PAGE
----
BC10. The proposed Update discussed in paragraph BC9 added the OIS rate based on SOFR to the list of eligible benchmark interest rates in the United States. In reaching this decision, the Board acknowledges that OIS contracts based on SOFR are not yet widely traded in the U.S. financial markets. Nonetheless, the Board decided to propose that the OIS rate based on SOFR should be added as a benchmark interest rate for several reasons.
BC11. The Board considered the circumstances surrounding the Fed’s request to add the OIS rate based on SOFR as a benchmark rate for hedge accounting purposes before the rate is present in swap contracts. The Board recognizes the underlying reasons for the effort undertaken to identify an alternative reference rate as discussed in paragraph BC5 and understands that there is widespread support for the ARRC’s transition plan to integrate the underlying SOFR rate into the U.S. financial markets. The Board also is aware of the effect of the substantial changes occurring in the marketplace on hedging activities and the importance of adding the OIS rate based on SOFR for hedge accounting purposes in facilitating transition from LIBOR to SOFR.
BC12. In considering whether a new benchmark interest rate should be added for hedge accounting purposes, the Board assessed whether the future OIS rate based on SOFR would be expected to meet the characteristics of a benchmark rate in GAAP. The Master Glossary of the Codification defines the term benchmark interest rate as follows:
A widely recognized and quoted rate in an active financial market that is broadly indicative of the overall level of interest rates attributable to high-credit-quality obligors in that market. It is a rate that is widely used in a given financial market as an underlying basis for determining the interest rates of individual financial instruments and commonly referenced in interest-raterelated transactions.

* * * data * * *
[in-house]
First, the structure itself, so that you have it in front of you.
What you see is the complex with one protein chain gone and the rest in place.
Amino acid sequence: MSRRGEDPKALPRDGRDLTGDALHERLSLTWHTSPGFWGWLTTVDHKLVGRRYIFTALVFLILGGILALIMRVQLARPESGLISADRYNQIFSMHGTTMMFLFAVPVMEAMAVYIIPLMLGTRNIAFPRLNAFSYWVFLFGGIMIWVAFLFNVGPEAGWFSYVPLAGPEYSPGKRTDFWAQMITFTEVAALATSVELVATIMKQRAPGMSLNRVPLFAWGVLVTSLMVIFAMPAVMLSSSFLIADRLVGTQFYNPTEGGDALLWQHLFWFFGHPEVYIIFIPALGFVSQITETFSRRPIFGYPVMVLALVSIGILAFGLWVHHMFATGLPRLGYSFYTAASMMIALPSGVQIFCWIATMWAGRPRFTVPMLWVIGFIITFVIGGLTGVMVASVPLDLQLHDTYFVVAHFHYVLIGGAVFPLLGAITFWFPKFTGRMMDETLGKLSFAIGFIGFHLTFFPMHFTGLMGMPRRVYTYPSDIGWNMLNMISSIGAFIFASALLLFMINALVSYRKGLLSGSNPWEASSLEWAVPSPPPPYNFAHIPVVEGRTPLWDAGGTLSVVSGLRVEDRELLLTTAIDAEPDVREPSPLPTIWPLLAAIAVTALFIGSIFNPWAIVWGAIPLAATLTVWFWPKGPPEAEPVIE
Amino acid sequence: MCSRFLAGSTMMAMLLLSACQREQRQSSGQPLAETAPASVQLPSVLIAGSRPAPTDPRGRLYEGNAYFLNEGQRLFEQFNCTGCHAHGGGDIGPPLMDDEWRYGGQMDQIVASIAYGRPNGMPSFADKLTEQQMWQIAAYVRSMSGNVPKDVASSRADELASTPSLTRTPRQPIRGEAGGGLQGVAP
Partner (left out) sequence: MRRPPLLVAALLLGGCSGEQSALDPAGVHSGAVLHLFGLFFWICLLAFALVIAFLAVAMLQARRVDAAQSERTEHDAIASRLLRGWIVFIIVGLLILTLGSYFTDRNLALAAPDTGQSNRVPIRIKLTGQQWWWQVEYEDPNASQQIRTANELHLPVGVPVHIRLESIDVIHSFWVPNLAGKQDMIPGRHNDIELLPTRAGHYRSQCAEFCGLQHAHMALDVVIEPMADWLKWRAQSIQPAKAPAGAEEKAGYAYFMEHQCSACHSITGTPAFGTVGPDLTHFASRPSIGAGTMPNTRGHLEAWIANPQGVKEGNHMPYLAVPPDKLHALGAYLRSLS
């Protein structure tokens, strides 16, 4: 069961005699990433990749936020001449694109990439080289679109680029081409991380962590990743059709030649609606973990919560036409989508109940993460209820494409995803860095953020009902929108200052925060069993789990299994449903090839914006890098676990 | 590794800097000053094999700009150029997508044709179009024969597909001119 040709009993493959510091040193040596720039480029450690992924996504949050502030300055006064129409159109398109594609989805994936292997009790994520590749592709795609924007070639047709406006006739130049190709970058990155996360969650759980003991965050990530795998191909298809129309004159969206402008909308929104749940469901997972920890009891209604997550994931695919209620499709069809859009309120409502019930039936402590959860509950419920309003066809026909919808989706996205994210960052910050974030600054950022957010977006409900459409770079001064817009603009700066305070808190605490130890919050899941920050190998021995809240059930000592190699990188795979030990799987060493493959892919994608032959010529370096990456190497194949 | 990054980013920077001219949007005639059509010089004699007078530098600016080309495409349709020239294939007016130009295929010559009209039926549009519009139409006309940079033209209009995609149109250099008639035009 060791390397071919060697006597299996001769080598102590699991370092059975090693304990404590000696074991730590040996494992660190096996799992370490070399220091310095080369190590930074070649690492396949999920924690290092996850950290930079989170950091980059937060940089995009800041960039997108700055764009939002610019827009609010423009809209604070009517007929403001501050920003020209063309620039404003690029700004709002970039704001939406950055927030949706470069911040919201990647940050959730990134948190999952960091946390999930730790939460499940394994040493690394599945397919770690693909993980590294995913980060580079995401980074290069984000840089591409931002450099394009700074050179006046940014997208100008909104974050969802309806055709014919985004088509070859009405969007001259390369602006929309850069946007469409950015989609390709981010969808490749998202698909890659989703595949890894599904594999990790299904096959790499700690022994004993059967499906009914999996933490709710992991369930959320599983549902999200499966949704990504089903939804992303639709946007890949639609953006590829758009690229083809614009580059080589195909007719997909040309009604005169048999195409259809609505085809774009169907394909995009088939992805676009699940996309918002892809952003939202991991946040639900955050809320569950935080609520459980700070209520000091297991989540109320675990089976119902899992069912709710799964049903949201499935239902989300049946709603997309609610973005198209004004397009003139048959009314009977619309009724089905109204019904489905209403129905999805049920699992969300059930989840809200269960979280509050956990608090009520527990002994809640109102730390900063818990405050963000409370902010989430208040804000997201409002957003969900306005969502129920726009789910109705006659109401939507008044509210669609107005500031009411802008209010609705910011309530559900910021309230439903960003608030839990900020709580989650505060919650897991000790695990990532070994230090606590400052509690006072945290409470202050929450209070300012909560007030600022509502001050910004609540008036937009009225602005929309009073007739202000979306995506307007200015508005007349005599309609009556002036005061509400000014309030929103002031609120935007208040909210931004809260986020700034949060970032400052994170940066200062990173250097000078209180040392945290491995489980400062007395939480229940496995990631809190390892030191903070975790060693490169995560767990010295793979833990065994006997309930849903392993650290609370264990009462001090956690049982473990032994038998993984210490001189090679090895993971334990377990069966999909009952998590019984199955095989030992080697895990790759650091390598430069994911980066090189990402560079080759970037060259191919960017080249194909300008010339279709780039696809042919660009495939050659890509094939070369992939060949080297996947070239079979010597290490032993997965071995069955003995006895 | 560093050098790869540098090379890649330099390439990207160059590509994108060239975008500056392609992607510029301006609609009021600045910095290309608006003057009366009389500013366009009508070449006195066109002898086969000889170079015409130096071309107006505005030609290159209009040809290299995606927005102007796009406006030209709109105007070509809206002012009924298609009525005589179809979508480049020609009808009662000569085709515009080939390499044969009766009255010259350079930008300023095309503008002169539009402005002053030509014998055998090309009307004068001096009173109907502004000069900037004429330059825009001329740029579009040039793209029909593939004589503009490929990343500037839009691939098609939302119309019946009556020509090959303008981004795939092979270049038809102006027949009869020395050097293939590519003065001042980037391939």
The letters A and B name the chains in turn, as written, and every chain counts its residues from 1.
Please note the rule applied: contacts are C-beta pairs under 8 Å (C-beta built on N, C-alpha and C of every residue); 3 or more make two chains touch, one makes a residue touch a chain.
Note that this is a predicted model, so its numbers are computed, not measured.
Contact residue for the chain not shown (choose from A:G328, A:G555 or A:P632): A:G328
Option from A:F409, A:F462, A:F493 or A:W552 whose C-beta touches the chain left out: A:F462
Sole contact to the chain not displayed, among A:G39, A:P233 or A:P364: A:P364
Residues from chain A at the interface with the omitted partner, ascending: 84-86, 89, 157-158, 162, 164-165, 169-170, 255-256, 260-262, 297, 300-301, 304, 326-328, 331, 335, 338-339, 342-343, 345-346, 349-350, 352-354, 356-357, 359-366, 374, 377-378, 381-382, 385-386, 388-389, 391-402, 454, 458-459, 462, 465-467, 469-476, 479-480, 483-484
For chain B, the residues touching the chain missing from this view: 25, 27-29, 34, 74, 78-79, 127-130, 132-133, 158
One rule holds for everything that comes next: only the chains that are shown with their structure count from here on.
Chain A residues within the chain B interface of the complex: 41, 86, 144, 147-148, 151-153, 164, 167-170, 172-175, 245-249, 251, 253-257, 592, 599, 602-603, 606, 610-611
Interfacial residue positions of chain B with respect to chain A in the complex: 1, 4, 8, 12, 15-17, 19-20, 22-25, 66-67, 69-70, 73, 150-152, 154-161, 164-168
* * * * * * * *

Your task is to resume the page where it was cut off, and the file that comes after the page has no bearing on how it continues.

In theory, the benchmark interest rate should be a risk-free rate (that is, has no risk of default). In some markets, government borrowing rates may serve as a benchmark. In other markets, the benchmark interest rate may be an interbank offered rate.
BC13. Although the OIS rate based on SOFR is an emerging rate, the Board believes that it would satisfy the characteristics of a benchmark rate according to the Master Glossary definition based on an assessment of the attributes of the repo transaction rates supporting the SOFR rate (and the OIS rate based on SOFR), which reflect the financing rates on overnight repo transactions secured by U.S. Treasury securities. From a credit risk perspective, overnight repo transactions collateralized by U.S. Treasury securities, which are regarded as among the highest quality securities in the financial system, are nearly risk free. The Board also observes that the repo transaction rates supporting the SOFR rate (and the OIS rate based on SOFR) are widely recognized and quoted in the Treasury repo market, which is larger than the Fed Funds market that underlies the OIS rate based on the Fed Funds Effective Rate. Therefore, in the Board’s view, when considered from the perspective of the underlying rates, the characteristics of a benchmark rate are satisfied.
BC14. This is different from the Board’s approach when it added LIBOR as a benchmark rate. At that time, the Board considered the characteristics referenced in the Master Glossary definition of benchmark interest rate mainly on the basis of the volume of derivative instruments referencing LIBOR, rather than the volume of underlying market-based transactions that support that rate. Given market evolution, the Board believes that it is compelling to evaluate those characteristics by focusing on the depth of the market for the underlying overnight Treasury repo transactions that support the OIS rate based on SOFR.